Most of the testing was completed using the SureFire Warcomp. It seemed a perfect match for the rifle, as it did a superb job mitigating flash and softening the recoil. Another option would be the Smith Enterprise Vortex if pure flash suppression is the goal.
This rifle’s accuracy was pretty impressive given the lack of a magnified scope. Every group measured less than 2 inches at 100 yards, and my best five-shot group was 1.5 inches using Nexus Ammunition’s 175-grain match load. Next, I moved to a more practical distance of 50 yards for a CQB rifle, where the M1A shined. Using my WieBad Pump Pillow as a rest, I was able to shoot 10 rounds into a nice cluster using the MRDS and the Nexus ammunition. Changing to Hornady’s 155-grain TAP load and iron sights, it was possible to shoot similar groups at the same range. While not the most accurate during testing, the 125- and 155-grain TAP rounds are my first choice for this type of system because they expand well with less over-penetration, yet remain effective to 300-plus yards. In fact, it was easy to ring steel at 300 yards with the SOCOM 16 CQB as well, making it usable at any practical urban range.
I tested the rifle with several suppressors, including the latest SureFire SOCOM300 SPS, which was quiet but sent a bit of gas back my way. I also used the EliteIron Battledog and SureFire’s SOCOM762-MINI. These two were a bit louder but provided for less backpressure, thus less gas in my face. Bottom line: The rifle ran flawlessly with or without a suppressor, and the SOCOM 16 CQB is one of the easiest M1As to suppress.
Working in close quarters, around my truck and in a shoothouse, the SOCOM 16 CQB was very intuitive, especially for those accustomed to an AR. It was plenty handy and would not slow me down a bit during a real entry. The CQB stock worked well using my body armor with a front plate. It was possible to shoot square to the target with the stock completely collapsed. Nothing came loose, and the stock is very ergonomic. Having sling swivels on both sides also made it possible to perform transition drills more easily.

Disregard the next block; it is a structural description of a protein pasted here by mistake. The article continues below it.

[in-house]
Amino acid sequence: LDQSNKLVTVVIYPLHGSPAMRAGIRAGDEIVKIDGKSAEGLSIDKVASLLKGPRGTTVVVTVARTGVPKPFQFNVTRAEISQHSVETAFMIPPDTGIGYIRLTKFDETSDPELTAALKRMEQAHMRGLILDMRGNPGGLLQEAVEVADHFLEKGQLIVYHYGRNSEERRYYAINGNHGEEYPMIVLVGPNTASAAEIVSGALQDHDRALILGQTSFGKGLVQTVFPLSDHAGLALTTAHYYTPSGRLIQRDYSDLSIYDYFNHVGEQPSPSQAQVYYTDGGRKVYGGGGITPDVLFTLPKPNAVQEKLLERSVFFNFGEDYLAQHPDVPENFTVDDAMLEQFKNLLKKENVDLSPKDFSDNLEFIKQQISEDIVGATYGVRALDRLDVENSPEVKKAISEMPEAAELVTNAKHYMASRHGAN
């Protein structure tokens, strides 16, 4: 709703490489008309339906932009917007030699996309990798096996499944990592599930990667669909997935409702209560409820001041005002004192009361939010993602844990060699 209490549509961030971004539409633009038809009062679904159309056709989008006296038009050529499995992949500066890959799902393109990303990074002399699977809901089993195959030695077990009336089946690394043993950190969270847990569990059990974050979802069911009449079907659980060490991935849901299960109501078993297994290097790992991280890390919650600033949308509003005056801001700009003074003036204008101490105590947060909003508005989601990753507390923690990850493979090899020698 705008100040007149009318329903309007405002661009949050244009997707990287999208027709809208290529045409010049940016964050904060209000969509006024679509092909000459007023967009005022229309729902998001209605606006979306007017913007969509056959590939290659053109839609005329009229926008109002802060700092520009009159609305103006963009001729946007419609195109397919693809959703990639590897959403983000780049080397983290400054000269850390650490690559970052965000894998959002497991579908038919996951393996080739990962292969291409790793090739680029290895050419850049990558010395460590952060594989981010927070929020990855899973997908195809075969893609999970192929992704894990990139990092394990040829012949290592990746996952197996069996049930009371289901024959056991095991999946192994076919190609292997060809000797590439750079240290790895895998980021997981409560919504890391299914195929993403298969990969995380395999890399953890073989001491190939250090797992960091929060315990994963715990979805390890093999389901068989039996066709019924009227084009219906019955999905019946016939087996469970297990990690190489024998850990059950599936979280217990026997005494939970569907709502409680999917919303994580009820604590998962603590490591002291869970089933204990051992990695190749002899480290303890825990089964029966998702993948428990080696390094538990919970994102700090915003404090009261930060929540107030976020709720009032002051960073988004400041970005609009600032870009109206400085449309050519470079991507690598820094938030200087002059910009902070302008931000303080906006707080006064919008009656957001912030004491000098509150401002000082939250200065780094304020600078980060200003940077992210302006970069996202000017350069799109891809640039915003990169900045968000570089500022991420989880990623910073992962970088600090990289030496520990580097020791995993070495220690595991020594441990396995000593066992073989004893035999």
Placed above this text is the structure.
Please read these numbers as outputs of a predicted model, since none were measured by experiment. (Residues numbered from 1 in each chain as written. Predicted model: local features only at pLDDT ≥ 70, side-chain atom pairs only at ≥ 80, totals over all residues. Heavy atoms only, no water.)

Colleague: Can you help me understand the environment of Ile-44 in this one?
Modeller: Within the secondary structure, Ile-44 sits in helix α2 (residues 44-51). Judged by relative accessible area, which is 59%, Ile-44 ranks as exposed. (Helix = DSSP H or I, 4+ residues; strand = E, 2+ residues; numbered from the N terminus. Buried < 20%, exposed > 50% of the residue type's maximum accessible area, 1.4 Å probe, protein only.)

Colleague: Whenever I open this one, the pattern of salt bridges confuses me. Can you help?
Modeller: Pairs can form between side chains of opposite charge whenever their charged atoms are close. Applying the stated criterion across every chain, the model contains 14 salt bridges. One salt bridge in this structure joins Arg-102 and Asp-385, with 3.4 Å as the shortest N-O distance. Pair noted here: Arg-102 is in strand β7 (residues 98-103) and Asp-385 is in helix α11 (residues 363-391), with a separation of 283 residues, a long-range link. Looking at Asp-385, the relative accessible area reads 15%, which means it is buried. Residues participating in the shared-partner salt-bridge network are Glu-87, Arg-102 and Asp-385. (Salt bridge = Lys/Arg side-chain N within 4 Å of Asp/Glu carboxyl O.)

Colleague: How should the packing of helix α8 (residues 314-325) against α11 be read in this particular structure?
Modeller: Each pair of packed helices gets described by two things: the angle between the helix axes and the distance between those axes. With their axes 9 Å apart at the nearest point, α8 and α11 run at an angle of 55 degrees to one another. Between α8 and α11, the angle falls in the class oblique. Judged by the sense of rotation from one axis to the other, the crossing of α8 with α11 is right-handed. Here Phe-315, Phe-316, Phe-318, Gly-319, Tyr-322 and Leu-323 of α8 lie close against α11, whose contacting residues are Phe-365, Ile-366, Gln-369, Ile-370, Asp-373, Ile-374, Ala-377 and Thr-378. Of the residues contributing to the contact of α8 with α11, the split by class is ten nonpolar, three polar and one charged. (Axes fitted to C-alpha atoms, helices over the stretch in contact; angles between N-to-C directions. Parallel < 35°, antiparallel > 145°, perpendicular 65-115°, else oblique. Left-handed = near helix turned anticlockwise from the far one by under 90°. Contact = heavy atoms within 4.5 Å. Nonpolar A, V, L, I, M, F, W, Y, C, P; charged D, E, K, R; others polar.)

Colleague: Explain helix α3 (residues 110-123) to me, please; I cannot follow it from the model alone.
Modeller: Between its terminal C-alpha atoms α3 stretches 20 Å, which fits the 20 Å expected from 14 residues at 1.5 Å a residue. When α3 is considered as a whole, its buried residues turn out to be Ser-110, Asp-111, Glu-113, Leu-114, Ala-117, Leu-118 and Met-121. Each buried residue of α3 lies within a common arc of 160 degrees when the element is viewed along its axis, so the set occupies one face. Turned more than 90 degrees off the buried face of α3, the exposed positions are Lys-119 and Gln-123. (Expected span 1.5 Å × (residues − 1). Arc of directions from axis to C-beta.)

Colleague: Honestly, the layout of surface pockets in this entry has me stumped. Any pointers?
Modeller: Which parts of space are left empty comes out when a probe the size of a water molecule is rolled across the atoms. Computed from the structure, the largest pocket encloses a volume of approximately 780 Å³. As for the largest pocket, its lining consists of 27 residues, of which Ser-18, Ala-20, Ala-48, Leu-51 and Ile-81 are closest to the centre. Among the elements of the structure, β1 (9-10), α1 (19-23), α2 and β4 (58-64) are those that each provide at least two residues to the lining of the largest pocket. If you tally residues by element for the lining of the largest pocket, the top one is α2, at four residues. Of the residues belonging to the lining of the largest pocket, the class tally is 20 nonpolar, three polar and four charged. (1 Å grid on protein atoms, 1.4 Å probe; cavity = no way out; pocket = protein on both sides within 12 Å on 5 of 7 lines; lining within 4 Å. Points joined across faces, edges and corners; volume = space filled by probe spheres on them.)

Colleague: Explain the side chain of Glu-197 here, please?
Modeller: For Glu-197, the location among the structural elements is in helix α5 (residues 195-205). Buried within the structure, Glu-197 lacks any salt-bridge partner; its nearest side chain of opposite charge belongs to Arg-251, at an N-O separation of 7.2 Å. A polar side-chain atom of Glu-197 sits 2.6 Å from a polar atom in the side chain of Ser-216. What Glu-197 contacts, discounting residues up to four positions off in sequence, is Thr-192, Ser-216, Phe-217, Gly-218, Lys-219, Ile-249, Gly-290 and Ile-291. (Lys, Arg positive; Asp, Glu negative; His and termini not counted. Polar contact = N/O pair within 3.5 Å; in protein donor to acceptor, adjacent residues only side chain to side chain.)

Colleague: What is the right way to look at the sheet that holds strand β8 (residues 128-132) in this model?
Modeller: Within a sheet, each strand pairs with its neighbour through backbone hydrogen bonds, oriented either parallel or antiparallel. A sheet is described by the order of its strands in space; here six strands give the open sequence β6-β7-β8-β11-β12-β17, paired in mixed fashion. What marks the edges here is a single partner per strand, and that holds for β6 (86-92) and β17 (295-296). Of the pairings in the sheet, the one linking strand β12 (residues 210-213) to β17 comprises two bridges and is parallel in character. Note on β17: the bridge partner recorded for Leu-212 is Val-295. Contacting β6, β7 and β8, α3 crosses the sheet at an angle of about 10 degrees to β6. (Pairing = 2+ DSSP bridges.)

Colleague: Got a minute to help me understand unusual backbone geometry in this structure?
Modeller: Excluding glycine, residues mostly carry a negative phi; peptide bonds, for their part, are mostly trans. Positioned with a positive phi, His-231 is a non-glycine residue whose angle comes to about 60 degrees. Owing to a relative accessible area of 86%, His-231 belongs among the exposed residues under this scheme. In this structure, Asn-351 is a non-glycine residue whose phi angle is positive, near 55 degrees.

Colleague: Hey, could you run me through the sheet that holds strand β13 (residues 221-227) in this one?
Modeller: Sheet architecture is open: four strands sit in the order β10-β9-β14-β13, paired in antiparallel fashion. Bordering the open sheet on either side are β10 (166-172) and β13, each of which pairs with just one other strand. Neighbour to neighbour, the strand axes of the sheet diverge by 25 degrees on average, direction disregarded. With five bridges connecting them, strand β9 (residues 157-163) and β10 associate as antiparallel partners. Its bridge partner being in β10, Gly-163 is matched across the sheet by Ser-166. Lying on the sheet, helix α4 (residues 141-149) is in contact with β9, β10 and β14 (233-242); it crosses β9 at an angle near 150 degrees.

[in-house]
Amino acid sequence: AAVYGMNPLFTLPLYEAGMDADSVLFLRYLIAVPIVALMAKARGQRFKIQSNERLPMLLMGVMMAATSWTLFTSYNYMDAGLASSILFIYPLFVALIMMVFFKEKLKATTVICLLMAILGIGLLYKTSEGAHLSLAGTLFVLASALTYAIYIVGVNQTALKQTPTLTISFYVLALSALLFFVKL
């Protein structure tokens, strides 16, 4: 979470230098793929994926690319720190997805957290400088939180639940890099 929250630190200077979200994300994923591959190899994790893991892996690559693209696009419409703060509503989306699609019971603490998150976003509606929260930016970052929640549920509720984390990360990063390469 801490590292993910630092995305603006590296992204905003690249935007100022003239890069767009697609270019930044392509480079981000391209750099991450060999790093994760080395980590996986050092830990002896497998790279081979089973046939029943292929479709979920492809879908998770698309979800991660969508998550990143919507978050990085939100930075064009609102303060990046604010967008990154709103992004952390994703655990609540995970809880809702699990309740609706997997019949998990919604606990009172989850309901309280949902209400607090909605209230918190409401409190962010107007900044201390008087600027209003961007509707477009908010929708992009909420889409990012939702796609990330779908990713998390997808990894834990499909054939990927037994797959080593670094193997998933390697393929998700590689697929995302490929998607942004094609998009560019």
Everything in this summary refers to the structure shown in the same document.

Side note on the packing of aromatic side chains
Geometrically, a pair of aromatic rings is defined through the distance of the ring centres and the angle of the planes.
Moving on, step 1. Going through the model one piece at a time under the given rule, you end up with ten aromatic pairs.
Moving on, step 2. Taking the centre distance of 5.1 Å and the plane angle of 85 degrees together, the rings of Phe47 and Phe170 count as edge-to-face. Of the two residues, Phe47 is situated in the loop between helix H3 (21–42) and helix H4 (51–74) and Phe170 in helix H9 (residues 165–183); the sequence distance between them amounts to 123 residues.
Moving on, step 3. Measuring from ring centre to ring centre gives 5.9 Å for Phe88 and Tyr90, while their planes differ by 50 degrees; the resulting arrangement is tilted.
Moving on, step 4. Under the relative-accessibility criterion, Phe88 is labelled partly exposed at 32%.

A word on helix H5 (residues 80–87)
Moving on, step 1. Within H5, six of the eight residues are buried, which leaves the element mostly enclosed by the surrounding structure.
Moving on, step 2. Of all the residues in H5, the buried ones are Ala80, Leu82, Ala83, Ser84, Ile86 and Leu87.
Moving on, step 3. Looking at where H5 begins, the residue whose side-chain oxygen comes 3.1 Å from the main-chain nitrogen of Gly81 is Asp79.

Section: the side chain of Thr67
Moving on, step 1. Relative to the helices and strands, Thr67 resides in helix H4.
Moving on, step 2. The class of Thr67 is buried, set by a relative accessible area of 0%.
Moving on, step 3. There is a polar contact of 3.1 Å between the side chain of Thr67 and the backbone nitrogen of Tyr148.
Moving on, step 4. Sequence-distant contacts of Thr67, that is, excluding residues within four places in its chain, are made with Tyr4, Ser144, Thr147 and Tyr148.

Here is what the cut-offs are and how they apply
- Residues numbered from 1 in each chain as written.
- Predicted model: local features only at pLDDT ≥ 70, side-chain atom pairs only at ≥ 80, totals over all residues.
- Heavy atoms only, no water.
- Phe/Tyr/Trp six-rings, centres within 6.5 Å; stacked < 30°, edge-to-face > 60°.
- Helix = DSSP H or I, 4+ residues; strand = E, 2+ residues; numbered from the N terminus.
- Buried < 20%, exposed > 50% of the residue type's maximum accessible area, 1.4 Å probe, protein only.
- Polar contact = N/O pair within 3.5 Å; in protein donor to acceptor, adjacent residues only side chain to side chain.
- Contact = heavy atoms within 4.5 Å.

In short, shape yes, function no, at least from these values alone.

Coupled with the M1A’s inherent and proven reliability, the new stock results in a practical .308/7.62mm rifle that’s ready for use in more urban environments without adding a ton of weight. After a solid day of shooting, what I noticed the most was the lack of weight compared to similarly barreled ARs these days.
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As to cost, well, the days of SOCOM M1As being the more expensive kid on the block are long over. With an MSRP of $1,750, the SOCOM 16 CQB is comparable to many big-bore ARs and is a grand less than top-tier builds. Much like the storied 1911, the battle-proven M1A remains an excellent weapon, and this new CQB variant is another excellent choice.
For more information on the M1A SOCOM 16 CQB, visit springfield-armory.com or call 800-680-6866.
- Caliber: 7.62mm NATO
- Barrel: 16.25 inches
- OA Length: 37.25 inches
- Weight: 9.2 pounds (empty)
- Stock: Collapsible
- Sights: XS tritium front, ghost ring rear
- Action: Semi-auto
- Finish: Matte black
- Capacity: 20+1
- MRSP: $1,750